Syncthing by default runs on localhost on port 8384

I wasn’t too keen to run syncthing publicly directly, so I created an nginx reverse proxy for it.

The other reason being I wanted to put a basic authentication to access the syncthing main page so nginx seemed perfect for this job.

For this, I first created a basic auth file for which apache2-utils is required.

Operations below performed as root.

Create a Basic-Auth password file

apt-get install -y apache2-utils
cd ~/basic-auth
htpassword -cb <password file> <basic auth username> <password>

Configure Nginx

Have a subdomain to point to syncthing and set the reverse-proxy.

This file is /etc/nginx/conf.d/syncthing.conf

server {
  listen 80;
  listen [::]:80;

  server_name <url>;

  auth_basic "Restricted";
  auth_basic_user_file /home/<username>/basic-auth/<password-file from step 1>;

  location / {
    root   /home/<username>/syncthing/;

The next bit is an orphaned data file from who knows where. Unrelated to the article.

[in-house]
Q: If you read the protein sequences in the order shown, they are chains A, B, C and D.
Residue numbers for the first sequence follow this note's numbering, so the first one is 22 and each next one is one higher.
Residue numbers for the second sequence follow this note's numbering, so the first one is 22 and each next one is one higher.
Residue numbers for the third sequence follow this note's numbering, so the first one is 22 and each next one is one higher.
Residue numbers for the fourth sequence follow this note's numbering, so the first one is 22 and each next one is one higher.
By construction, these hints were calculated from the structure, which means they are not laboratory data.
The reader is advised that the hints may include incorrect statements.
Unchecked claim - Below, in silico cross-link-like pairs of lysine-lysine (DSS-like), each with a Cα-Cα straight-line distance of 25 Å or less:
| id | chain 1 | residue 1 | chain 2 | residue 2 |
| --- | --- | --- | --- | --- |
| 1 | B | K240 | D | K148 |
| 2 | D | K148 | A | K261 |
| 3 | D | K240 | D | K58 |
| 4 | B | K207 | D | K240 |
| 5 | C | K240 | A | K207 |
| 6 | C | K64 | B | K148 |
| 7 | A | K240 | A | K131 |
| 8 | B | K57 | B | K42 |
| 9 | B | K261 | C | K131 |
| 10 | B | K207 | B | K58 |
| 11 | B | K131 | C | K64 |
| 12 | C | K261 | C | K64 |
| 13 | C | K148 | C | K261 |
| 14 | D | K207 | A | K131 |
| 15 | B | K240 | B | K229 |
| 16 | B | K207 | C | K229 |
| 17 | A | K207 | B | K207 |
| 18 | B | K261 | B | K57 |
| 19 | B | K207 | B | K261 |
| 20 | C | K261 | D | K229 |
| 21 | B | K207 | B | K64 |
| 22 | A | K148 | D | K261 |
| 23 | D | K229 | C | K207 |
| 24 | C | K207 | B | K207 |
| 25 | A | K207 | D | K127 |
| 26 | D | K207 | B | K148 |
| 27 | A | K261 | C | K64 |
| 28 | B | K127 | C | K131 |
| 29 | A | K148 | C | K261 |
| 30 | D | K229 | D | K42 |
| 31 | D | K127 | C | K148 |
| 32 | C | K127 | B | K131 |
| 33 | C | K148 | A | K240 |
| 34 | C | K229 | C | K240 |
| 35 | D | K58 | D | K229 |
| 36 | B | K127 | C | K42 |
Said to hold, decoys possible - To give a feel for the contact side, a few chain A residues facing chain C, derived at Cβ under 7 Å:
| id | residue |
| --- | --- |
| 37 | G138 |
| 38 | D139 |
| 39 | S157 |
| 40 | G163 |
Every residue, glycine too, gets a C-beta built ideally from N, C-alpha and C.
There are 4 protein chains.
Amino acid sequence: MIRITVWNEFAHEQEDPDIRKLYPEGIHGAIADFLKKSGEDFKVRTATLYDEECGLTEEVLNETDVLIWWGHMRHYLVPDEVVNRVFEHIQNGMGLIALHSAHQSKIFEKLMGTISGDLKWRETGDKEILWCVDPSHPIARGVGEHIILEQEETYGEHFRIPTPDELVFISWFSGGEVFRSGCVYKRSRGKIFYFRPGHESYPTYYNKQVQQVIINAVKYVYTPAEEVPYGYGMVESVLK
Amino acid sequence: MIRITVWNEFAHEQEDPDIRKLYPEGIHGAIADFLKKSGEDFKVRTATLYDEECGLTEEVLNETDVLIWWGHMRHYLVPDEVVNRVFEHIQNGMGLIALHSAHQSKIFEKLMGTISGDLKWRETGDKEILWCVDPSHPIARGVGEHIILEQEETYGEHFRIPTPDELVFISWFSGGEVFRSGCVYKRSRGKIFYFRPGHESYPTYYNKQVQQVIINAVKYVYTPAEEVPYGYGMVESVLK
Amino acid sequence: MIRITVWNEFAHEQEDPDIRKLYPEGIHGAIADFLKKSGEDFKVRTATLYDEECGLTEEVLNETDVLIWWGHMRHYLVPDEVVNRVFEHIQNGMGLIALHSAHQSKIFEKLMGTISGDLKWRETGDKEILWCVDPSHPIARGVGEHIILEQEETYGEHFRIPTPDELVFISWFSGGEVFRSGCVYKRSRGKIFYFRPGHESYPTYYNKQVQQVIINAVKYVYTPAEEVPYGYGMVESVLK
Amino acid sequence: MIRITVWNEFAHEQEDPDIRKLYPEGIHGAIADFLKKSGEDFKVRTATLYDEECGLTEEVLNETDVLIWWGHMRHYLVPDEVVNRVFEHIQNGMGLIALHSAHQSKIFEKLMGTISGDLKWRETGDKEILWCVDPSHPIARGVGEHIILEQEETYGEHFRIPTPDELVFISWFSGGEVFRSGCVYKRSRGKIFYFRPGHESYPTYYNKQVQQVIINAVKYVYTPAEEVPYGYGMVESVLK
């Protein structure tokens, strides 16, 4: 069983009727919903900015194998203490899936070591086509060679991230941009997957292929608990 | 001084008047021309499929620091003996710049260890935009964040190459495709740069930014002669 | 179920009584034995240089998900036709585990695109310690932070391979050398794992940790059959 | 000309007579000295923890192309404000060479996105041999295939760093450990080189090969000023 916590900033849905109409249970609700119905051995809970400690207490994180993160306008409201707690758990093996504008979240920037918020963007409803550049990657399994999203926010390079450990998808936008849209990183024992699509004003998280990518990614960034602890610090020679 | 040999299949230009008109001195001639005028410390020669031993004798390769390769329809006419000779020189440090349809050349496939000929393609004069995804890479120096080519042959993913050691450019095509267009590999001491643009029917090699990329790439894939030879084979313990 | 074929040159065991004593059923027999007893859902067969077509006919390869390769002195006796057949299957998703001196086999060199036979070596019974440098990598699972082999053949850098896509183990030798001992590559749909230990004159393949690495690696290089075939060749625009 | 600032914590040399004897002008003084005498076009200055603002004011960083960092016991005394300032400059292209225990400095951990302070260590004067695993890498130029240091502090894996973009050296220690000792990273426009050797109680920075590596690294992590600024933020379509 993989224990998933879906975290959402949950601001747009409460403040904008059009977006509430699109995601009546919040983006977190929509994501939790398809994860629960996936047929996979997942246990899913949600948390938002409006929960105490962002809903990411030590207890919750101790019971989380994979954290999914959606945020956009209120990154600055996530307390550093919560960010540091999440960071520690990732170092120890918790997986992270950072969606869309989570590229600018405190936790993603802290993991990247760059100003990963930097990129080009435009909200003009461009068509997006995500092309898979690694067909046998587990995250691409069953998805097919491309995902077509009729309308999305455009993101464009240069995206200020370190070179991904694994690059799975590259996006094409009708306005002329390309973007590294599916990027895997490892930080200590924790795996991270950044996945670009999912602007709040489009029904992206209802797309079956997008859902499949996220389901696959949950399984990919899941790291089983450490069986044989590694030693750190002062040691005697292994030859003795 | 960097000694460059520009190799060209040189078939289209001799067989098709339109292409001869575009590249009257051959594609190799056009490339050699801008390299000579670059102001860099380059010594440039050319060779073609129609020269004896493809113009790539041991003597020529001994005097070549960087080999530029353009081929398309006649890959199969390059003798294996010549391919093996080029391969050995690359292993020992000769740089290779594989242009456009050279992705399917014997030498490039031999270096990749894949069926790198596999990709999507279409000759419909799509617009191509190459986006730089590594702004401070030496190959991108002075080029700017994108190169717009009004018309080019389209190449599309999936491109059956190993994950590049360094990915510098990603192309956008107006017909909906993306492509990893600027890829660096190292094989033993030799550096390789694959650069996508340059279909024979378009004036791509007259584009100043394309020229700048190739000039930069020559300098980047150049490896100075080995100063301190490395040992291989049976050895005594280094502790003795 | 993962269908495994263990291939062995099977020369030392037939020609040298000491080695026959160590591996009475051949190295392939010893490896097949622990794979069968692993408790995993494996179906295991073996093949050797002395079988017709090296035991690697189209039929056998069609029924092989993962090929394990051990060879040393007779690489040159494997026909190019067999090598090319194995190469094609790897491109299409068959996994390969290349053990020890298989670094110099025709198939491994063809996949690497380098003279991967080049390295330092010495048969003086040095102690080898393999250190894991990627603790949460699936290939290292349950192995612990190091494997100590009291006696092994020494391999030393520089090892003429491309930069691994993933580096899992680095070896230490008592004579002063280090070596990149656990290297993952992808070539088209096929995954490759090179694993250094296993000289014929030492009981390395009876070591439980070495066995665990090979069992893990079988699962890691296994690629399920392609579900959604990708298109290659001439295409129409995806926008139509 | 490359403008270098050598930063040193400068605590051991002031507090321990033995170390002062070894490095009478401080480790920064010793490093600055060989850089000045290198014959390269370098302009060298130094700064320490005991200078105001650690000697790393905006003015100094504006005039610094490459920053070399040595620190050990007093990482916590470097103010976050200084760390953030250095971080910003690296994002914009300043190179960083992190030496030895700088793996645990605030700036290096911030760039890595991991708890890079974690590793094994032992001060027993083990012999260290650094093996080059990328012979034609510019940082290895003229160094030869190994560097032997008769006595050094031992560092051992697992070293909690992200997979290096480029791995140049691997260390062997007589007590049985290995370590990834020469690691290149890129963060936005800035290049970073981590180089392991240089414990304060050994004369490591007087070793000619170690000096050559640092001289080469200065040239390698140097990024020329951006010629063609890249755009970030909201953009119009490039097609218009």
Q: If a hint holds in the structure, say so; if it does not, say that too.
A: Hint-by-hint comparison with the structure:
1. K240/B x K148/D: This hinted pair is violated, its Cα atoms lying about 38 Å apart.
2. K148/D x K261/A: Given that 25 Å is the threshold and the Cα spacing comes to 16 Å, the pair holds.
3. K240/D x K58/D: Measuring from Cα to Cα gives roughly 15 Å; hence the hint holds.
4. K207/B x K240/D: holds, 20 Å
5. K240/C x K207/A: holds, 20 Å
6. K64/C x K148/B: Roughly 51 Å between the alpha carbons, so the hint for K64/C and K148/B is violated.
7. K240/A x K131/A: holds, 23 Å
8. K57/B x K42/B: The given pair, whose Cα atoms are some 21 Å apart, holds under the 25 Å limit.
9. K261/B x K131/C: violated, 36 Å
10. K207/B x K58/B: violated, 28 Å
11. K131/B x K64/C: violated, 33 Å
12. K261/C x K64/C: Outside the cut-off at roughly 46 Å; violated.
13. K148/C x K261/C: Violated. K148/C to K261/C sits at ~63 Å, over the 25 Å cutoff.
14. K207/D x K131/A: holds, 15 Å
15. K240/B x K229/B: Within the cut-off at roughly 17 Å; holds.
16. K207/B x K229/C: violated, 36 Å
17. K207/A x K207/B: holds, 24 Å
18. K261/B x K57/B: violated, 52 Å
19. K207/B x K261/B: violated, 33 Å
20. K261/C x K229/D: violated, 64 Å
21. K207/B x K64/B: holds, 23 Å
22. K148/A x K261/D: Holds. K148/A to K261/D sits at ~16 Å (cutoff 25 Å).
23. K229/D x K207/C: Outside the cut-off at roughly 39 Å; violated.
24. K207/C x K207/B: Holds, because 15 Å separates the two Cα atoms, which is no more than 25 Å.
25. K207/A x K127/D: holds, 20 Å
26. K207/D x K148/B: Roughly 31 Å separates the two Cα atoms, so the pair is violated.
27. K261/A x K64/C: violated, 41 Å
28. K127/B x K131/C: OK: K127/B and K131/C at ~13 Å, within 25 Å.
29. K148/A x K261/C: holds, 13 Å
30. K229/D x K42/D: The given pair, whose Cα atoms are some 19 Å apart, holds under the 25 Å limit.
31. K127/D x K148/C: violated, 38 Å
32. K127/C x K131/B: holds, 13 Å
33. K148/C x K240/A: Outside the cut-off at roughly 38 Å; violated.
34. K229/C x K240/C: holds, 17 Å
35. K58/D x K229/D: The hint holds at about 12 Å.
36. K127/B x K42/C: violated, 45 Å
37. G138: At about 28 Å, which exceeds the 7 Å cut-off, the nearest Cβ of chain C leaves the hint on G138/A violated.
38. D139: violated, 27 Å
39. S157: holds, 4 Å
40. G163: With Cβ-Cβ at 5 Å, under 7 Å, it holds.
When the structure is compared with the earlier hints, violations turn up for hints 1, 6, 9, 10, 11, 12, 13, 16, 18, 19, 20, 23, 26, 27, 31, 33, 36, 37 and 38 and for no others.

index  index.html index.htm;

  location /syncthing/ {
    proxy_set_header        X-Real_IP       $remote_addr;
    proxy_set_header        X-Forwarded-For $proxy_add_x_forwarded_for;
    proxy_set_header        X-Forwarded-Proto $scheme;
    proxy_set_header        Upgrade $http_upgrade;
    proxy_pass              http://localhost:8384/;

Of course, it’s better to serve this on an https port, in which case an ssl cert would be required.

Test and restart Nginx

nginx -t
nginx -s reload

Now, the syncthing page is not accessible without a password which is a big relief. I wanted it to be accessible and configurable only by me!